Srila Prabhupada  says:

Rama and Krishna are names of God, and Hare is the energy of God. So when we chant the maha-mantra, we address God together with His energy. This energy is of two kinds, the spiritual and the material. At present we are in the clutches of the material energy. Therefore we pray to Krishna that He may kindly deliver us from the service of the material energy and accept us into the service of the spiritual energy. That is our whole philosophy. Hare Krishna means, “O energy of God, O God [Krishna], please engage me in Your service.” It is our nature to render service. Somehow or other we have come to the service of material things, but when this service is transformed into the service of the spiritual energy, then our life is perfect.



Hare Krishna
Hare Krishna
Krishna Krishna
Hare Hare
Hare Rama
Hare Rama
Rama Rama
Hare Hare



Summer is nearly over, at least for the children. In two days, school begins again and we will be on the ‘downhill’ to the end of this year. It seems each year flies by more quickly than the last, and this year has been no different.

Trin will begin high school this year, Rane will begin middle school, and Zack and Eva will begin the last two years our family will have children at Lakeview Elementary. I thought I would feel an immense sadness when this particular school year began, but I have found myself excited for the children as they grow, take on new challenges, and become more and more themselves.

I have had many discussions recently with Trin, about growth and change, and how even as we grow and change, and the world does, too, there is an underlying stability and order to everything. Most of these discussions have come on the heels of Trin’s encounters with Sunday School and the misunderstanding her teacher there holds of Hinduism.

Our discussion yesterday was about God. I told Trinidad that there is one God, the same God, for Christians, Muslims, Jews, and Hindus, and that what differs is our perception of God; our perception of God determines our relationship with God, our interpretation of the world, and the ways we think and behave. God does not change, no matter what we think or believe.

Underneath our perception, underneath our interpretation, God remains the same – and this is true of everything we experience. Whatever is going on in the world or in our lives, our expectation or perception does not change the underlying reality.

Set in Stone

We drove to the Hindu temple in OKC again this past Saturday, this time to take a basket of fruit…one of the priests was so kind to take the basket to offer to God. How blessed an experience, and one I will never forget; I am so grateful to have found such a beautiful, peaceful, warm, welcoming place to worship.

As we were leaving the temple, my husband pointed out that there are carvings of Vishnu on the temple; he pointed this out because I have been so moved by our recent experience with a snake in our home (related in post: On Second Thought). What began as an unnerving experience turned into a transformative experience, and the impetus for our visit to the temple this week.

Aum Namah Sivaya


another rainy morning waiting for the school bus

It is the nature of desire never to be fulfilled, but he who utterly gives it up is eternally fulfilled at that very moment. (Kural 370)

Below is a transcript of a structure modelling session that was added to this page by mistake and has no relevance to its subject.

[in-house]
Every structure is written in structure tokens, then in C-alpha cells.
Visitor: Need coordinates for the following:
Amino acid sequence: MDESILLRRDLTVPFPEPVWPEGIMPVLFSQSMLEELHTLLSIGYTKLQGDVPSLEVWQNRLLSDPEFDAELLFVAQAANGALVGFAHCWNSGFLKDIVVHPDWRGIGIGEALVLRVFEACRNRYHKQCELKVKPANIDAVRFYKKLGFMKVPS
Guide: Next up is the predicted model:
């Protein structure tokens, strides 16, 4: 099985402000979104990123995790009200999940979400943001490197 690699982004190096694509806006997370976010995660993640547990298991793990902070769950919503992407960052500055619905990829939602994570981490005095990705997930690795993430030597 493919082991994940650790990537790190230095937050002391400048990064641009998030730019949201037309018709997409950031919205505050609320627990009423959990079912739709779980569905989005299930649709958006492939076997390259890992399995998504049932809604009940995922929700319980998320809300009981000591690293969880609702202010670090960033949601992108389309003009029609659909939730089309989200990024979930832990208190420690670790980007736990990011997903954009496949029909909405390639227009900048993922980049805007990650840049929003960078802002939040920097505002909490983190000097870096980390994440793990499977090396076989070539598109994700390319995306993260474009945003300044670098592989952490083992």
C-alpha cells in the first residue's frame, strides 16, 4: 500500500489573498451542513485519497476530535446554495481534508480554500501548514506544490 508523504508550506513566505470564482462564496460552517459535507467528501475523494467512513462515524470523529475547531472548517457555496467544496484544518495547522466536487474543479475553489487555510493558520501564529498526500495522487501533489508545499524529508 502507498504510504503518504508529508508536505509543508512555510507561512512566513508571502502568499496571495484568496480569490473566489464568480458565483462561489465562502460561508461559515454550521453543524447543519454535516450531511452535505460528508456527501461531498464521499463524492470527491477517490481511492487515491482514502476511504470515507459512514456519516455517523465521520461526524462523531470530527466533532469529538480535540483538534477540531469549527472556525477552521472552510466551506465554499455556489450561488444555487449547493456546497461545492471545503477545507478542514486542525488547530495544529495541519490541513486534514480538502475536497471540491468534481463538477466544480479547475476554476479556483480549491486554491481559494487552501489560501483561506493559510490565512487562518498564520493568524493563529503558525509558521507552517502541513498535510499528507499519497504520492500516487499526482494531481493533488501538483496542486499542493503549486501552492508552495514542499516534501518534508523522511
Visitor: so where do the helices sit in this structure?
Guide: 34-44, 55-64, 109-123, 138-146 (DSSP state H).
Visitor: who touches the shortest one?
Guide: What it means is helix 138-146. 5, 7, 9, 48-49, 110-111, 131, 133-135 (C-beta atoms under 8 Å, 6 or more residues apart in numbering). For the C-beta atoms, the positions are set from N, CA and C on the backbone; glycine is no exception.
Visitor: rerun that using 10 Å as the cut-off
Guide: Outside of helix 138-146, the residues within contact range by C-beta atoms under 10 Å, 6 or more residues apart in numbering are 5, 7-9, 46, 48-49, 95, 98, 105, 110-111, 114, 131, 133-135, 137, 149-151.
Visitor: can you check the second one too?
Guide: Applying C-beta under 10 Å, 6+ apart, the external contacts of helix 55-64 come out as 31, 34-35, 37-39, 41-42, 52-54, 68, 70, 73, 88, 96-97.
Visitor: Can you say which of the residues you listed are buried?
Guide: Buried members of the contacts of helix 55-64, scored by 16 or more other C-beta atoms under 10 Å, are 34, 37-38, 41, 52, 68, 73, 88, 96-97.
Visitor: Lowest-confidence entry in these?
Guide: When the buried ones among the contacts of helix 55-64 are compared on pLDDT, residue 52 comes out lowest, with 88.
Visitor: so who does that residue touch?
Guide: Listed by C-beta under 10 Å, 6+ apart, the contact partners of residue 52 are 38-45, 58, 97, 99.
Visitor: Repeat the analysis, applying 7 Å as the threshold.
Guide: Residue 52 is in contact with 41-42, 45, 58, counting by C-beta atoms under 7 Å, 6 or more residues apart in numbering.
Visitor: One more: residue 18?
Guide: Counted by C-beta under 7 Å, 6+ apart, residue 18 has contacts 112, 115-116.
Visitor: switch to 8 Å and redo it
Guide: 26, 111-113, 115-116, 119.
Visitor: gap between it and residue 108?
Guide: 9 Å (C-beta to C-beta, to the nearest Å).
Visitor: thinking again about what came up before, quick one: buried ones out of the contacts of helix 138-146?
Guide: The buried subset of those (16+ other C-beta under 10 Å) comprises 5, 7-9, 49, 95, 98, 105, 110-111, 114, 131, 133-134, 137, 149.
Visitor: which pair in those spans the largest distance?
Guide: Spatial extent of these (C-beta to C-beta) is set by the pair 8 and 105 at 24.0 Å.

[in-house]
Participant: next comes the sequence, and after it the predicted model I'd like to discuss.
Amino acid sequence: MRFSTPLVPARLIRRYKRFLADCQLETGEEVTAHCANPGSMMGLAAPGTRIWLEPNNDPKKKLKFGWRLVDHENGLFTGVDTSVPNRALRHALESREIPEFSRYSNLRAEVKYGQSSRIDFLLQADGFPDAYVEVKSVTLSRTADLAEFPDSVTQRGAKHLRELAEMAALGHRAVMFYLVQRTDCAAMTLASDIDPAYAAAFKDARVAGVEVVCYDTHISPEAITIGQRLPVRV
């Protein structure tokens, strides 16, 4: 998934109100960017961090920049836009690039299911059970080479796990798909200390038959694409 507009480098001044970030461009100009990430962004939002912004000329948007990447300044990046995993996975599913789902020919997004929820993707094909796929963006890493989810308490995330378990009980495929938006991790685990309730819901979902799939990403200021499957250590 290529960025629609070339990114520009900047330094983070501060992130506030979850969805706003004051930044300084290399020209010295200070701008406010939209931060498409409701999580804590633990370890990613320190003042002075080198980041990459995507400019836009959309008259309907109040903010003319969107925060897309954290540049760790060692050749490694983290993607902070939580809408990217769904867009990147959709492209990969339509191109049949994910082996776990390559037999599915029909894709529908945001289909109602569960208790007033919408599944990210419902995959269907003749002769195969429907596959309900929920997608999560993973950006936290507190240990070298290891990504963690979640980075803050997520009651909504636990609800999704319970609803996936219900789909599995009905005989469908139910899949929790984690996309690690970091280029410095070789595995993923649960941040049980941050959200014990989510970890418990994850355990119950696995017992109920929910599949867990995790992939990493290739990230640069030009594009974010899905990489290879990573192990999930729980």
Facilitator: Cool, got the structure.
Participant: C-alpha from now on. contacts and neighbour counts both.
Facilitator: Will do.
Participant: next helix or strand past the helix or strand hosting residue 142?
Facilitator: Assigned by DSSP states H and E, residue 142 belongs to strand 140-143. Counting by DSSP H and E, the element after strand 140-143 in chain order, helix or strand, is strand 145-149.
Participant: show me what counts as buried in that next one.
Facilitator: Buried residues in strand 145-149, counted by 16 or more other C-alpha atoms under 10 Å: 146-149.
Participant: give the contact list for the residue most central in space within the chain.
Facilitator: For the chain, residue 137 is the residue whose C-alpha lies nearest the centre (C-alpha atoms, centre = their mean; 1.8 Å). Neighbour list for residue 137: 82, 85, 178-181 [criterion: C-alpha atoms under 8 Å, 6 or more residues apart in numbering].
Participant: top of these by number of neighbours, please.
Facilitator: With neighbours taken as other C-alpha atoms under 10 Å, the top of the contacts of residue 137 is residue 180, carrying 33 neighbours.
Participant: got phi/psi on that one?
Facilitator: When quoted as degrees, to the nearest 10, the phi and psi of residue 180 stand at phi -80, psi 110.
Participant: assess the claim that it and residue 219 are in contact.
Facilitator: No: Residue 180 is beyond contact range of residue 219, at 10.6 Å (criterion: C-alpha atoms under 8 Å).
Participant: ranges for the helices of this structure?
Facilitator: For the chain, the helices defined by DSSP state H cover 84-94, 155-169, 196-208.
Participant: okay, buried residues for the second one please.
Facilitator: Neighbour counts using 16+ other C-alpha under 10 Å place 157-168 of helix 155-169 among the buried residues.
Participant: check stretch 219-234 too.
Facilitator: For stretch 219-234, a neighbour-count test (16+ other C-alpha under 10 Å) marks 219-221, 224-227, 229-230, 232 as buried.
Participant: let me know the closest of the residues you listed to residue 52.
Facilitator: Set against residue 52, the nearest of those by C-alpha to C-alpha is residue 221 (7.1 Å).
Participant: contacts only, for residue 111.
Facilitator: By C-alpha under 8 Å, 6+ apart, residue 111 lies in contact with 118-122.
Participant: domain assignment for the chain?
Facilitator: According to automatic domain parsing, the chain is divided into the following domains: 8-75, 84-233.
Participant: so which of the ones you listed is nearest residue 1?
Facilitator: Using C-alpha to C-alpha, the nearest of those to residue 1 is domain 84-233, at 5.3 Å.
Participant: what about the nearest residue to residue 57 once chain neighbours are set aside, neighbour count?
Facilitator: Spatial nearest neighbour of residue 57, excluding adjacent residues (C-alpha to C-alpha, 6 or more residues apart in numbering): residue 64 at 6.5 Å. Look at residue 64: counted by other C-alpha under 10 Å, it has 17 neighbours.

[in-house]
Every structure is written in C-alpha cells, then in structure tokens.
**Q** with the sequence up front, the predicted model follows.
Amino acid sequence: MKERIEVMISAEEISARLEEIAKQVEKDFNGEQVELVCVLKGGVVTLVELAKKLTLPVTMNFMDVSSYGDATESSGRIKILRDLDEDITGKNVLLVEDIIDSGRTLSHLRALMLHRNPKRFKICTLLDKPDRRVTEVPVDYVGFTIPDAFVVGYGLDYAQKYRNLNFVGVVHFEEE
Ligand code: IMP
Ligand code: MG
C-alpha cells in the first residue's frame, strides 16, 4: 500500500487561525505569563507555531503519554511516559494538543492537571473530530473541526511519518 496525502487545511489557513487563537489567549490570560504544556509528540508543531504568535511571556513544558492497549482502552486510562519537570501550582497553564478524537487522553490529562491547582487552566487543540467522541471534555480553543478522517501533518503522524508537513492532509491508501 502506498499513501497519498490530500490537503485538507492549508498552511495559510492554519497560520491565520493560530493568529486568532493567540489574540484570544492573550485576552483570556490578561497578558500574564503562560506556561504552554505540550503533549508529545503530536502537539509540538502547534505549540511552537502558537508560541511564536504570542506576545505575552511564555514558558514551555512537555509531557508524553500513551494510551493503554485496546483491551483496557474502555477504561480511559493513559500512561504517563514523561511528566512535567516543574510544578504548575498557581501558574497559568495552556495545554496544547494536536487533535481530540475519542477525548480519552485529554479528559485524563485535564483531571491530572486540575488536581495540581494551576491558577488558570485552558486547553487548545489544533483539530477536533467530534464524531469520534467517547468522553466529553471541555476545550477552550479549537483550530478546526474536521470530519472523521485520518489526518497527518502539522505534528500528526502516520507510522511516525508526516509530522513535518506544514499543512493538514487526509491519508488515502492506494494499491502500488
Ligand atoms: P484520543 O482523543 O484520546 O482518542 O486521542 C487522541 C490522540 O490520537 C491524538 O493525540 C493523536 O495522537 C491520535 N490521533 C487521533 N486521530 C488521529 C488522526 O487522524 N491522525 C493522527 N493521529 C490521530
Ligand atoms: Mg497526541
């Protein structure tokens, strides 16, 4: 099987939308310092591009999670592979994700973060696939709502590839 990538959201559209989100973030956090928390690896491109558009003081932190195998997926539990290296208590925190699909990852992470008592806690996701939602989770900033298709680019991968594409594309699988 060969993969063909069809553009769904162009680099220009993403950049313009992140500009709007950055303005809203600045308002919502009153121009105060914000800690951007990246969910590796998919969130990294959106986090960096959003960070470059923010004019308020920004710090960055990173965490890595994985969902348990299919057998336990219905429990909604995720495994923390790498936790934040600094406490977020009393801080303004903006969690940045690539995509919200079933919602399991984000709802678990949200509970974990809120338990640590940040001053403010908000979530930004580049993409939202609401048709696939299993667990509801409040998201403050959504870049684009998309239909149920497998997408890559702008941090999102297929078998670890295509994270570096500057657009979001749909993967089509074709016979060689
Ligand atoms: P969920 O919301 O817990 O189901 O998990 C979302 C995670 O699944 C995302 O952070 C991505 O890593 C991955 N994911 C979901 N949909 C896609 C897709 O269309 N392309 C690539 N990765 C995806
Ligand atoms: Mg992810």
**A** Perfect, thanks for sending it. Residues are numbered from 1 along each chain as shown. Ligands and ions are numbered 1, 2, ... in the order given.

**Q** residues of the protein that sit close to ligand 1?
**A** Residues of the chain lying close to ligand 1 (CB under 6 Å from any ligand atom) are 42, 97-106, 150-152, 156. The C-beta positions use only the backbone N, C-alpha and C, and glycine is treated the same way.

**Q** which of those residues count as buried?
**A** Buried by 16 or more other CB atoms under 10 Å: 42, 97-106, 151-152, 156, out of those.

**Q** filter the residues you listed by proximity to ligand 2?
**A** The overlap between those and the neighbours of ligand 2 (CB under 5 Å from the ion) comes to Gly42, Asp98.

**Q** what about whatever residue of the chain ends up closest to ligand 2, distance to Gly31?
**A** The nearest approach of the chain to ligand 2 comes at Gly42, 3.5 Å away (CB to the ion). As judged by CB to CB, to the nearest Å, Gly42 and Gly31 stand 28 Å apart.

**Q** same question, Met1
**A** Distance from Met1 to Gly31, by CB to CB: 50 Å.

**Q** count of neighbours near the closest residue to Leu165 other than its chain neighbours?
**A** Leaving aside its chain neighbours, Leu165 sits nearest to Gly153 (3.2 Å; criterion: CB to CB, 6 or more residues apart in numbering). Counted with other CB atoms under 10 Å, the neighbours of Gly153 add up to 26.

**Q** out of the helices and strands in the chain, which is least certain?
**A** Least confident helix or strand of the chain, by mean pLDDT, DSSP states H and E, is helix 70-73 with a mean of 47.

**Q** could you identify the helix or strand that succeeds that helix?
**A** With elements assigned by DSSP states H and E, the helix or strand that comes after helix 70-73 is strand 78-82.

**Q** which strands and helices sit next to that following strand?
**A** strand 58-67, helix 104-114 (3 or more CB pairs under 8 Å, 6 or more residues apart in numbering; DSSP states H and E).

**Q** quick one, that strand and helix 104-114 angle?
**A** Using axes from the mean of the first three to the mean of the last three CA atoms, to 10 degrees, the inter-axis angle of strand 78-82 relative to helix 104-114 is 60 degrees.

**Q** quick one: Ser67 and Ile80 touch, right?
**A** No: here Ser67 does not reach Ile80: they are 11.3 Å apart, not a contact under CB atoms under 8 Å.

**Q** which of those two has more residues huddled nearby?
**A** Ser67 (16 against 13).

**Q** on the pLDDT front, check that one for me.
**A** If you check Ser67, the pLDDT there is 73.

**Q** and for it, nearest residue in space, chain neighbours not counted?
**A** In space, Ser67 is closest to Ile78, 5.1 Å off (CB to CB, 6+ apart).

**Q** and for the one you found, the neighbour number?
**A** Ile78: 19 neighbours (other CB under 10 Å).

The desire to please others, the desire to have my husband and children love me, the desire to have my family pick up their own clutter (and do the dishes and put their laundry away), the desire to make good grades, the desire to skate (and be awesome at that, to boot)….

Kural 367

Desisting from all desire-driven deeds, a renouncer finds liberation approaching, just as he desired.

Kural 368

He who has no desires has no sorrow. But where desire exists, endless sorrows ensue.

Kural 369

When desire, sorrow’s sorrow, dies away, undying bliss prevails here on Earth.

It seems so counter-intuitive, so against basic human nature, not to desire…I have to wonder, what about the desire to help others, the desire to work toward the end of the suffering of others?

There have been many, many butterflies around my home this past week; I have enjoyed taking photos of them, day after day, being completely in-the-moment all those hours. The housework didn’t matter, my schoolwork didn’t matter, only the butterflies going about their butterfly business.

And then, one evening when Trin and I were walking toward my truck, we saw a butterfly caught in the front bumper. I hoped it was only stuck and needed help to be free, but it was injured and unable to fly. We took the butterfly with us to go get Eva from her friend’s house, and cared for him until he died that night. At one point, my husband said, “he’s suffering. Don’t you think you should end his suffering?” I was doing the dishes, with the butterfly on the counter beside the sink, and I replied, “I don’t think it’s my place to end his suffering.” Maybe it was, maybe it wasn’t, but I sure couldn’t see myself killing the butterfly even if it was suffering. I wouldn’t do it to a human, and I couldn’t do it to a butterfly.

“Everything in the world is as it should be – in a perfect state of evolution…When looking at it through the instinctive-intellectual mind, we don’t see this perfection…We have to go in and in and in and reach an expanded state of awareness and gain that mountaintop consciousness where we perceive that there is not injustice in the world. There is not one wrong thing. All is in perfect order and rhythm in Siva’s cosmic dance”. (Lesson 36: The Purity of Awareness, in Merging with Siva)

Yes, I can see where renouncing desire can bring fulfillment, the peace of being completely in the moment and letting God lead the way and take care of the details.